Ailsa Chang is an award-winning journalist who covers criminal justice, terrorism and the courts for WNYC. She found her way into public radio after practicing law for five years, and can definitely say that walking the streets of New York City with a microphone is a lot more fun than being holed up in the office writing letters to opposing counsel.
Since joining WNYC in 2009, Chang has earned national recognition for her investigative reporting. In 2012, she was honored with the Alfred I. duPont-Columbia University Silver Baton, one of the highest awards in broadcast journalism, for her two-part investigative series on allegations of illegal searches and unlawful marijuana arrests by the New York City Police Department. The reports also earned an honor from Investigative Reporters and Editors.
Chang has investigated how Detroit's broken public defender system leaves the poor with lawyers who are often too underpaid and overworked to provide adequate defense. For that story, Chang won the 2010 Daniel Schorr Journalism Award, a National Headliner Award and an honor from Investigative Reporters and Editors.
In 2011, the New York State Associated Press Broadcasters Association named Chang as the winner of the Art Athens Award for General Excellence in Individual Reporting for radio. She has also appeared as a guest on PBS NewsHour and other television programs for her legal reporting.
Chang received her bachelor's degree in public policy from Stanford University, her law degree from Stanford Law School, a Masters degree in journalism from Columbia University and a Masters degree in media law from Oxford University where she was a U.S. Fulbright Scholar.
She was also a law clerk to Judge John T. Noonan, Jr. on the United States Court of Appeals for the Ninth Circuit.
Before her arrival at WNYC, Chang was a Kroc Fellow for National Public Radio in Washington, D.C. and a reporter for KQED public radio in San Francisco. She grew up in the San Francisco Bay Area.
Ailsa Chang appears in the following:
Thursday, May 16, 2013
New York Sen. Kirsten Gillibrand is sponsoring legislation cracking down on sexual assault in the military.
Thursday, May 16, 2013
Democrat Kirsten Gillibrand is introducing legislation with other lawmakers Thursday that would change the way the military prosecutes sexual assault cases. It's the latest high-publicity move for a senator who was almost unknown four years ago when she was appointed to fill Hillary Clinton's seat.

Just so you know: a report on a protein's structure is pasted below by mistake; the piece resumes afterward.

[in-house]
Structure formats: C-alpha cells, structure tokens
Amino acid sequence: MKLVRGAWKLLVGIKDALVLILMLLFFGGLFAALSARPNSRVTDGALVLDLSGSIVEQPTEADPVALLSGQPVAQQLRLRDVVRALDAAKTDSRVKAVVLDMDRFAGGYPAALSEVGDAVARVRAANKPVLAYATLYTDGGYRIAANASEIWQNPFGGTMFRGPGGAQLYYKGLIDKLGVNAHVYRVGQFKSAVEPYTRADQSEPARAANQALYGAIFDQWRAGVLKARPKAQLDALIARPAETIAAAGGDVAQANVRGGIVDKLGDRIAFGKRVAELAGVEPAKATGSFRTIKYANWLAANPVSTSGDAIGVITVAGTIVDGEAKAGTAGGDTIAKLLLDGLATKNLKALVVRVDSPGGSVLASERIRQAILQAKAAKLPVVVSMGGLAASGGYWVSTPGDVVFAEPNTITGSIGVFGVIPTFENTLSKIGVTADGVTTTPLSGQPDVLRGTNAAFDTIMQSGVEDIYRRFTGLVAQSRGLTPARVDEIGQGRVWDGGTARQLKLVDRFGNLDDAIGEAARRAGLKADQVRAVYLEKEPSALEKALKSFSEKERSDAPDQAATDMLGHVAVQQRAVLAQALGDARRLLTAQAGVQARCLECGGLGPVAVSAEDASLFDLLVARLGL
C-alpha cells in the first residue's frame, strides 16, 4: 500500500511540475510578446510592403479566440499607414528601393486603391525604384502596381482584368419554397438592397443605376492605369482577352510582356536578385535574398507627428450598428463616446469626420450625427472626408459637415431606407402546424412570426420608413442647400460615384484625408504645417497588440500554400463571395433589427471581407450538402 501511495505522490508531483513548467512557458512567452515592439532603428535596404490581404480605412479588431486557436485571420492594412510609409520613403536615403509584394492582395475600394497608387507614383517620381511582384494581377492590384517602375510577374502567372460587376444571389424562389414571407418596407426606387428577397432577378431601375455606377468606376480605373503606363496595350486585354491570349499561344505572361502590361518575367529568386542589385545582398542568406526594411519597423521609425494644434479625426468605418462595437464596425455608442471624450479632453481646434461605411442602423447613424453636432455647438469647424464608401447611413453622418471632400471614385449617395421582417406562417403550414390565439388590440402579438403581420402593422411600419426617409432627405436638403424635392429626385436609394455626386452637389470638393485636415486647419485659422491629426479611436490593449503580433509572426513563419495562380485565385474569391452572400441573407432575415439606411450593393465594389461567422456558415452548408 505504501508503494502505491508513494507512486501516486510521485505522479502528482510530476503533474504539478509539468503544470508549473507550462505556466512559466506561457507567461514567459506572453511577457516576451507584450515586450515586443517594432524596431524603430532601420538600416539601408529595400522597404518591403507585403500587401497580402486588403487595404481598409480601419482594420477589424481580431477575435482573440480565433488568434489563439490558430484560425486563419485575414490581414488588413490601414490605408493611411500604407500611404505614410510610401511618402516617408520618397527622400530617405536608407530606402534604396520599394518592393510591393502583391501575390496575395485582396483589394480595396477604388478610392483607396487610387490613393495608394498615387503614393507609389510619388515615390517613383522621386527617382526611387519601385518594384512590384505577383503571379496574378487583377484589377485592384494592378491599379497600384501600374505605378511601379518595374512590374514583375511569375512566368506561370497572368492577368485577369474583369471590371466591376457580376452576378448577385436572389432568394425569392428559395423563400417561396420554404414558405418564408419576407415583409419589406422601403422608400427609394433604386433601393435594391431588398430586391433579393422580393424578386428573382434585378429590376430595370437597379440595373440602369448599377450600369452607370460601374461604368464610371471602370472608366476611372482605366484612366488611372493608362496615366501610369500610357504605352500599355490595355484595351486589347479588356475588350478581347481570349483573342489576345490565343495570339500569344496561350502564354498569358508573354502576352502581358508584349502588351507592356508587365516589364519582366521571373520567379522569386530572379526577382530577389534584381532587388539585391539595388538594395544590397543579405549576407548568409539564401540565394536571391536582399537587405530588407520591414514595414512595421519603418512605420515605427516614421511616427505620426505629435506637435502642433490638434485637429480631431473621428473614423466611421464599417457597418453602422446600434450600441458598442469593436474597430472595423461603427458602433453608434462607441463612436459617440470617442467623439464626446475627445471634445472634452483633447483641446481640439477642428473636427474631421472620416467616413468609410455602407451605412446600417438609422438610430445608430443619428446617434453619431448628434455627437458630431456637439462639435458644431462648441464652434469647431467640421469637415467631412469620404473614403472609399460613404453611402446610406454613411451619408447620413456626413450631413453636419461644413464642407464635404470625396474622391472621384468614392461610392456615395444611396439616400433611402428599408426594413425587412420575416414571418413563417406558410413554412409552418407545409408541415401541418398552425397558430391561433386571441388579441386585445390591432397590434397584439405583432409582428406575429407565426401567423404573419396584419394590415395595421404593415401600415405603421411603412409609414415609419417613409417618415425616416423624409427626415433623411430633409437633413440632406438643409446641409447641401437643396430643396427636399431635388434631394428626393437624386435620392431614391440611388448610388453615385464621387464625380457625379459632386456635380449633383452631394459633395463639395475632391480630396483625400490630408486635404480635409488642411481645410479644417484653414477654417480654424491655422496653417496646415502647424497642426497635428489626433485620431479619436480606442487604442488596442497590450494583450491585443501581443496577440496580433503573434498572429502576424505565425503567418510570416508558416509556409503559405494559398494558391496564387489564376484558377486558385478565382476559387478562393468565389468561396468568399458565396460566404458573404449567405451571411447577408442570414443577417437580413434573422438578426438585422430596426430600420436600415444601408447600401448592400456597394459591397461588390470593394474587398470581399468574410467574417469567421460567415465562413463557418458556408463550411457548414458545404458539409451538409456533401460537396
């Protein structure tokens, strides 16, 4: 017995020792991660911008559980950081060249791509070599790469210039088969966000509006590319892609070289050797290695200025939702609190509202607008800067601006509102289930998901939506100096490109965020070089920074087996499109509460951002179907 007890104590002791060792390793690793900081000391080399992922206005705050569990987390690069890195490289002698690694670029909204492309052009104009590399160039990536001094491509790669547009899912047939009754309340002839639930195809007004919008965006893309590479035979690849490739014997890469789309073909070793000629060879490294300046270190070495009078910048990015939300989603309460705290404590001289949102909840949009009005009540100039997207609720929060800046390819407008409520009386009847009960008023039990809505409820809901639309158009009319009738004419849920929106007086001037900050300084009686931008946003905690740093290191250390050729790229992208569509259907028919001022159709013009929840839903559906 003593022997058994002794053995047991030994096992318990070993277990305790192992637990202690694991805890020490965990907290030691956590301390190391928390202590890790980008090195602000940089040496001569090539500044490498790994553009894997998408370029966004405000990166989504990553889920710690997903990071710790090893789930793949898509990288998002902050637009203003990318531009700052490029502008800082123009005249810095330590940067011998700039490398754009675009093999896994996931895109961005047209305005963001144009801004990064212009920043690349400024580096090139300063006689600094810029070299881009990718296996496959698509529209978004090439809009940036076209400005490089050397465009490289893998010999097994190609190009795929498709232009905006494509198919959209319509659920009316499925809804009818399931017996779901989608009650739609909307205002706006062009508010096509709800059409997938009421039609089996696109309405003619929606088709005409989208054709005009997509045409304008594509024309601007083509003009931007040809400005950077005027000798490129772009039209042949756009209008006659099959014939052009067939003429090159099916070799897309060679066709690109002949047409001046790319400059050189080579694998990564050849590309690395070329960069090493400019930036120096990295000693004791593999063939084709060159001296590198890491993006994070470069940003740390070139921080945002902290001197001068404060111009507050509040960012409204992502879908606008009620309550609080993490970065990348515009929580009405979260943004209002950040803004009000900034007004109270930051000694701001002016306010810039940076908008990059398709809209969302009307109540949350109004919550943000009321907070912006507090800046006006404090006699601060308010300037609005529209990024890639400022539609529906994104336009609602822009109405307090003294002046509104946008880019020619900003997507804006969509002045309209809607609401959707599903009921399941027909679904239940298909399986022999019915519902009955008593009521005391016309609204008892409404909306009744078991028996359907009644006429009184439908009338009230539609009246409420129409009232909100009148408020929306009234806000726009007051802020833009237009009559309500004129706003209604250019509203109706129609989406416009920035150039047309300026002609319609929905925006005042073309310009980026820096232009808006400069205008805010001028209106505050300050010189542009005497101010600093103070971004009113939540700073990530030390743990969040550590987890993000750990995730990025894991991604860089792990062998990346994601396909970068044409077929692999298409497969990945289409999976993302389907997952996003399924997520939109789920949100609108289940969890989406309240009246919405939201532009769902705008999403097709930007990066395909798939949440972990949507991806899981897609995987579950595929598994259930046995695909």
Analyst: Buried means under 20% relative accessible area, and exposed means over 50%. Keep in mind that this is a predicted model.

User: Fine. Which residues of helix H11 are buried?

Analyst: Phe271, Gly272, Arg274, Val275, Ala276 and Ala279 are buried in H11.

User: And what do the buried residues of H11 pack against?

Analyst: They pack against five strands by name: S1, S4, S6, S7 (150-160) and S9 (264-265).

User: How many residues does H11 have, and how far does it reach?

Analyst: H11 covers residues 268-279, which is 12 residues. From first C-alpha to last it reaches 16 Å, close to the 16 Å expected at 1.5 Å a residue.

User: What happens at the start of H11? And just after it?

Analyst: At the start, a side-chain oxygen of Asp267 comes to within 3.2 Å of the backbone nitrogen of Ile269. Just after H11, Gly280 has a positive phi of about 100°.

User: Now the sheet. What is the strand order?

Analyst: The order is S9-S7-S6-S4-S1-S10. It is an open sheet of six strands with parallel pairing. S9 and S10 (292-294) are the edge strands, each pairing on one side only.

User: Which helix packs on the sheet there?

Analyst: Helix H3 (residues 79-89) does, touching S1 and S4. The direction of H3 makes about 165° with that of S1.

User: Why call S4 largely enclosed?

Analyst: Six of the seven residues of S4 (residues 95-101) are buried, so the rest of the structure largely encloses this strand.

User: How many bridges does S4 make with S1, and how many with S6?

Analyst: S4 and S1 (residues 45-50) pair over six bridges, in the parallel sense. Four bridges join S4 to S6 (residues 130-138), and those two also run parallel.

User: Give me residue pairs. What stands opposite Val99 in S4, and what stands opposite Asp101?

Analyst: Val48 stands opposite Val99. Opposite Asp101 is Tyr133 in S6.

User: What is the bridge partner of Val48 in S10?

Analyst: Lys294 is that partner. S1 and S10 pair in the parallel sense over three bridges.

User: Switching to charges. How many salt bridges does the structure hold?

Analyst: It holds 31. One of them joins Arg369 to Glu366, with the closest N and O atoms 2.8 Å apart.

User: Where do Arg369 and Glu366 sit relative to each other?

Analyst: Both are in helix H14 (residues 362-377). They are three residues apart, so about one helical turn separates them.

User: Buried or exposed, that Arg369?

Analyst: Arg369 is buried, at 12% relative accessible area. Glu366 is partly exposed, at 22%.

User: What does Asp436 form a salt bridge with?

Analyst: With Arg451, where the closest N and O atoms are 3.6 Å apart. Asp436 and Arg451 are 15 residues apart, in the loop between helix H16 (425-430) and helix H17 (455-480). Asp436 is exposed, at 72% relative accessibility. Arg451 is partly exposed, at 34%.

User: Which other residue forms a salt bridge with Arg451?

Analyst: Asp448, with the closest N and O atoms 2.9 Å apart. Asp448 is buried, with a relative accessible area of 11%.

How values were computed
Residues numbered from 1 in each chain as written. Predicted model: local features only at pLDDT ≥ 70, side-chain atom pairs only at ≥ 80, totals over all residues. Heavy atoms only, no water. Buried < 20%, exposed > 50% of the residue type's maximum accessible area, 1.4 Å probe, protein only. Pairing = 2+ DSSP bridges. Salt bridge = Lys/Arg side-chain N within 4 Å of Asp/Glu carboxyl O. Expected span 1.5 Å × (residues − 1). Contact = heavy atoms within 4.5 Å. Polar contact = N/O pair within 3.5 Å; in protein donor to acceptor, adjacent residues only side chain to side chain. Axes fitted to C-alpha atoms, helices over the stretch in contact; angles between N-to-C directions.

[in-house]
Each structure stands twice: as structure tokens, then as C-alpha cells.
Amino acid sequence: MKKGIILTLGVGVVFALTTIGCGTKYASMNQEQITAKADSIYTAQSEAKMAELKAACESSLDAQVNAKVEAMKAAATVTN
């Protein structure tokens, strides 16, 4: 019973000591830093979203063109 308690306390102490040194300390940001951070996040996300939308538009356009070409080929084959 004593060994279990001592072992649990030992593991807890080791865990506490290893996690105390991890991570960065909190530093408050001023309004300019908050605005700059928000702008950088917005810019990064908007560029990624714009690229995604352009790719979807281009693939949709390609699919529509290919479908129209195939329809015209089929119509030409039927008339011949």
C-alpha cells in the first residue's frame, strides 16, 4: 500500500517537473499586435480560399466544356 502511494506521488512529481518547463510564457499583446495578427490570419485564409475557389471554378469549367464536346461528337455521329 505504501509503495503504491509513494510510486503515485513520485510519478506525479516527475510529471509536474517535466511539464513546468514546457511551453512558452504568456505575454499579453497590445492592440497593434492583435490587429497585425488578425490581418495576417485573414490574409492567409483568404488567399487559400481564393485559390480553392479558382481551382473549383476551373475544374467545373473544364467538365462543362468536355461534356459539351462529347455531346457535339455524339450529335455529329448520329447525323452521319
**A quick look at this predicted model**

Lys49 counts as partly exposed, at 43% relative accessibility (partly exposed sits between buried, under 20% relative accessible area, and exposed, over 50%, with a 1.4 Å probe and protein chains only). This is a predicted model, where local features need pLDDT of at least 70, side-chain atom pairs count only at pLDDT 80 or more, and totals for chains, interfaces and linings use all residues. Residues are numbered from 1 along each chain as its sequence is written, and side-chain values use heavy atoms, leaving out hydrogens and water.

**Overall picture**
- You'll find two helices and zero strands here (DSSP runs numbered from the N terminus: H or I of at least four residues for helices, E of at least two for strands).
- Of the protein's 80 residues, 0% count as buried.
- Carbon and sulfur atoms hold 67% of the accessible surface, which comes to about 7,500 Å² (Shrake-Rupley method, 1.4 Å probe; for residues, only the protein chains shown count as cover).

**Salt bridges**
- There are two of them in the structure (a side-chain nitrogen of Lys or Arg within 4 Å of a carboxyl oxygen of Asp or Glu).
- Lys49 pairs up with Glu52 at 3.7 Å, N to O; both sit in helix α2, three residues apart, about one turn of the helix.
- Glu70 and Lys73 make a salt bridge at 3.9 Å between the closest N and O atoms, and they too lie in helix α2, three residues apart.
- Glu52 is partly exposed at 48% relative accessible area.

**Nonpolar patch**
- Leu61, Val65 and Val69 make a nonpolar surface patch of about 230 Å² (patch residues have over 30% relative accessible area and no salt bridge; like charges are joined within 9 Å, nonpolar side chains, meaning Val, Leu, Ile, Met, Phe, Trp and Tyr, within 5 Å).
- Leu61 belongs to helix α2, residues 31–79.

Wednesday, May 08, 2013
The Senate is considering legislation to prevent a global helium shortage from worsening in October. That's when the Federal Helium Program is set to terminate.
Monday, May 06, 2013
The Senate minority leader is up for re-election next year, and polling in his state shows his popularity is suffering. Some voters complain that Mitch McConnell is out of touch with the people of the Bluegrass State, and others say it's time for some new blood. Still, he will be hard to beat.
Saturday, April 27, 2013
New York City Mayor Michael Bloomberg seems determined to become the formidable adversary the NRA has never had. The billionaire mayor is spending from his personal fortune to help defeat lawmakers who voted against gun control proposals last week. His first target: Democrat Mark Pryor of Arkansas.
Wednesday, April 24, 2013
Under current laws, if a background check shows your name is on the national terror watch list, you can still purchase a gun. Government data show that people on terrorism watch lists were able to buy guns or explosives after a background check more than 1,300 times between 2004 and 2010.
Thursday, April 18, 2013
Senate Republicans and a small group of Democrats have teamed up to reject every major gun control proposal President Obama pushed since last December's shootings in Newtown, Ct. The proposals include expanded background checks, a ban on assault weapons and a limit on ammunition magazines.